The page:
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A Friend's Capitulation

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It's a familiar story of a priced out professional in London. Met up with a friend in London the other night and he told me he was going to buy.

He's buying because he's 32, earns 27k and is utterly pissed off with living in scummy HMOs on 6 month leases. What other choice does the average earner have?

Well, you can buy a 3rd of a new build in Elephant. He's borrowing 5k for a deposit and sharing with a mate. He's getting an IO mortgage because he can't afford a repayment. He is well aware that it is like renting from the bank and that unless he gets a large pay rise (unlikely) then he will never own the flat. He is also aware that house prices may not continue to rise and it might not be a 'good investment'. He's buying because he feels he has no other choice.

It's times like that you realise the extent of the housing crisis in Britain in 2006.

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What happens when one of the three owners:

1. wants to move and rents out the room to someone random to cover his mortgage?

2. defaults on the mortgage payments, stuffing the other two?

Your friend has an interesting way of committing financial and social sucide!

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If your friend realises all the pitfalls why is the idiot buying now?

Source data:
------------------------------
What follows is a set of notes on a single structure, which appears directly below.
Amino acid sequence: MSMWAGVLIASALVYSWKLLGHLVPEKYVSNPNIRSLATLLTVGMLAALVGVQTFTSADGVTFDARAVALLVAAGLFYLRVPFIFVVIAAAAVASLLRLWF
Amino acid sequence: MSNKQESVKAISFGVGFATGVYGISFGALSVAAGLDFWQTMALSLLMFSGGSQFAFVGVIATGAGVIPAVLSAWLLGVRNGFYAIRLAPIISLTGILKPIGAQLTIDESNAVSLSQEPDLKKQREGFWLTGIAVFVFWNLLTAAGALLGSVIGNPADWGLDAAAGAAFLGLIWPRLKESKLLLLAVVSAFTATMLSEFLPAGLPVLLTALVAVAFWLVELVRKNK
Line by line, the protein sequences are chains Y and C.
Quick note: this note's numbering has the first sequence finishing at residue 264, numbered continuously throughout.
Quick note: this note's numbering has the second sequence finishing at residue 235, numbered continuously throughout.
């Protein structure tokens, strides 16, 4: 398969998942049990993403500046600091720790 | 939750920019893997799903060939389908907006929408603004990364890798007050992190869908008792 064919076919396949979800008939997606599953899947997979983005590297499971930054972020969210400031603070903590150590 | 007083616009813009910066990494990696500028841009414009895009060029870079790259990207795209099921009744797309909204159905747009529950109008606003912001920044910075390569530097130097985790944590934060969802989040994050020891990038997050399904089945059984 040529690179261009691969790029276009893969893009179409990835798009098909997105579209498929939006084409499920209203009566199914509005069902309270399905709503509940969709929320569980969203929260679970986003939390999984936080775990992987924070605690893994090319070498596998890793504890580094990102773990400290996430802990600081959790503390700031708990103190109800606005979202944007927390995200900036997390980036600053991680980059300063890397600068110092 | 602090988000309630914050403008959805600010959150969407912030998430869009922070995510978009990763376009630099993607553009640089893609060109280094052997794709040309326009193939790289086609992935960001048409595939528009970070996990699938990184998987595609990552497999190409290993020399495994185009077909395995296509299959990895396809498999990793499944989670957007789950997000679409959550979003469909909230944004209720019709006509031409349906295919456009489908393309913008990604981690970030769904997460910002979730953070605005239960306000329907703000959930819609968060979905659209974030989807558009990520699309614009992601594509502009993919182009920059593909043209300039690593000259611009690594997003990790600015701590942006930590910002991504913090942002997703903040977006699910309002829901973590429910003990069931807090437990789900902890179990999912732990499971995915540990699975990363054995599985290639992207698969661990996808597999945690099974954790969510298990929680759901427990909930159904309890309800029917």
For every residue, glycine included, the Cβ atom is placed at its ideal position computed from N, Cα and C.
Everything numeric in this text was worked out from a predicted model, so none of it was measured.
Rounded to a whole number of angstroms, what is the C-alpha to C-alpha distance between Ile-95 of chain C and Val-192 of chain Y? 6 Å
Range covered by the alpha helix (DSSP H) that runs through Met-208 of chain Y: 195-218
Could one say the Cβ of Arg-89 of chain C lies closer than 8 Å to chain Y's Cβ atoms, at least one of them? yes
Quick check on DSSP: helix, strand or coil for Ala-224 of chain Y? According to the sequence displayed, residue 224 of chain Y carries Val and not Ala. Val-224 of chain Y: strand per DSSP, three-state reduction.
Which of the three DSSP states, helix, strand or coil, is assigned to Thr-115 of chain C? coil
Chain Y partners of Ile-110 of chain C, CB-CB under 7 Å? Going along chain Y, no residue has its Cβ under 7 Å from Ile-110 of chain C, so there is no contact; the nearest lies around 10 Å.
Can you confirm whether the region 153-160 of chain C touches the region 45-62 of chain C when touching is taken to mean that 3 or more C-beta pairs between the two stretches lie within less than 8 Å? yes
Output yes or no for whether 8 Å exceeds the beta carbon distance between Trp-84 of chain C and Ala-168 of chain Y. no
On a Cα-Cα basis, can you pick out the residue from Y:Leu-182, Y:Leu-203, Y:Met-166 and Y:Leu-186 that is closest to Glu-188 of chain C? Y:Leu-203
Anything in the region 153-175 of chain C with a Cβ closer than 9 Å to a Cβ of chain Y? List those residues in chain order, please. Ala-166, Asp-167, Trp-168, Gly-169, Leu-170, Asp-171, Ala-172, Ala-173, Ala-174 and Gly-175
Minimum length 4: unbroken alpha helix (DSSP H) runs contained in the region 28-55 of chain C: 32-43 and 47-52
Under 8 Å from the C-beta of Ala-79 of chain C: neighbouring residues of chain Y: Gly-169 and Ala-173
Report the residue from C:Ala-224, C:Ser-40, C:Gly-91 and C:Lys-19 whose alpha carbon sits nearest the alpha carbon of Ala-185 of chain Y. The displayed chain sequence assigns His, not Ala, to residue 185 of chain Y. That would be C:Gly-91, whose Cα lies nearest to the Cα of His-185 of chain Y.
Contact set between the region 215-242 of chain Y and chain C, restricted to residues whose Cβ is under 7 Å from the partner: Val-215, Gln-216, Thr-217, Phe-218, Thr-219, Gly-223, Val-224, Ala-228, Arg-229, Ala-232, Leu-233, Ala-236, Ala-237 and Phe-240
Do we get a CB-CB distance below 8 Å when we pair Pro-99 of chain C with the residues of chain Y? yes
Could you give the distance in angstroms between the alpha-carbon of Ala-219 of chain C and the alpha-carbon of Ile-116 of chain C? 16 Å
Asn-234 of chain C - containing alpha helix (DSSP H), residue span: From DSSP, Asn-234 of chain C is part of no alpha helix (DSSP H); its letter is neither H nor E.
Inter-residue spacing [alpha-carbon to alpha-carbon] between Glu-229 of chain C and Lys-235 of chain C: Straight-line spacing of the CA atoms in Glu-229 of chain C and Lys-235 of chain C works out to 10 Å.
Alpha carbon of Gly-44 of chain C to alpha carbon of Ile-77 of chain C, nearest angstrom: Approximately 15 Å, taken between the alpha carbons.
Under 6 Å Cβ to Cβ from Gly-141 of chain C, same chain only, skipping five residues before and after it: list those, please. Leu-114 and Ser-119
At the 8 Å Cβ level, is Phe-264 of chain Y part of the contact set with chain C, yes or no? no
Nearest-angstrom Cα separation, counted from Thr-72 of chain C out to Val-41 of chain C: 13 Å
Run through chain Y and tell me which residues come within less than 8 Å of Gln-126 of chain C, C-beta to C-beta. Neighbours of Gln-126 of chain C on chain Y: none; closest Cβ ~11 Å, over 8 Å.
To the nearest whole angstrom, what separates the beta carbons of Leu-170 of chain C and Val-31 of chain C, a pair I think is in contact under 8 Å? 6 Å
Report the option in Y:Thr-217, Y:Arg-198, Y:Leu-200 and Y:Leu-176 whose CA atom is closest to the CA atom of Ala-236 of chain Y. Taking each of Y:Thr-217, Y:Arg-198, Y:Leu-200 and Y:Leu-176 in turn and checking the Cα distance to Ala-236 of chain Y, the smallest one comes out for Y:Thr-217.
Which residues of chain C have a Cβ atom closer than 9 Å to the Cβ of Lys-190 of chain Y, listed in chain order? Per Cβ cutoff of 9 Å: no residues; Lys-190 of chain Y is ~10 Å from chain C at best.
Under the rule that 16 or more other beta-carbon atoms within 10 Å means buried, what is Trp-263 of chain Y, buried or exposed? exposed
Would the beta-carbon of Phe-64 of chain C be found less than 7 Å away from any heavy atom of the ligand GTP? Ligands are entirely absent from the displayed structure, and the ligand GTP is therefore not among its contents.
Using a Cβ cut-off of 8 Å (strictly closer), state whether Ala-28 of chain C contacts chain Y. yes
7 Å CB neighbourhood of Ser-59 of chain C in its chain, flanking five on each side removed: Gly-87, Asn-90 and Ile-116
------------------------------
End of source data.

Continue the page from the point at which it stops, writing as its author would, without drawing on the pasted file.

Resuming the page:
I might go and borrow some money to buy a lamborghini because I've got no choice and i'm sick and tired of just driving a rover 214

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Well it's better than my Ford soon to be out of Business Escort.

What are they gonna run on - psuedo / phantom oil? I wonder what will be next generation car.

And I believe that's why Ford, G.M. V.W, Rover, NIssan, etc have lost staff. Off topic rant I know.

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What happens when one of the three owners:

1. wants to move and rents out the room to someone random to cover his mortgage?

2. defaults on the mortgage payments, stuffing the other two?

Your friend has an interesting way of committing financial and social sucide!

The other two have very small mortgages, they had a flat to sell. Why then are they moving on to shared ownership? Because they believe it's a 'good investment', afterall they were sharing before and they 'made' loads of money so of cause house prices can only go up! :rolleyes:

It does however highlight the myth that if you start by sharing you will eventually be able to afford your own place. They're getting a 3rd sharer. Madness!

Renting a room to a random person is probably out of the question. It would be ironic if he ended up in a HMO that he had 'owned'.

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If your friend realises all the pitfalls why is the idiot buying now?

I might go and borrow some money to buy a lamborghini because I've got no choice and i'm sick and tired of just driving a rover 214

You are correct, it's bloody stupid and it's about expectations, but you have to understand the nightmare this guy's had in HMOs. He's been unlucky with antisocial flatmates, the stories he has to tell are very funny (if they haven't happend to you!). He's basically thrown in the towel, speaking to him, he has the attitude that you see with posters on here sometimes - the "I don't give a shit anymore" attitude.

To be fair 27k is not a bad wage. You would have thought that someone on an average wage like that should be able to afford a modest flat to live in, even renting.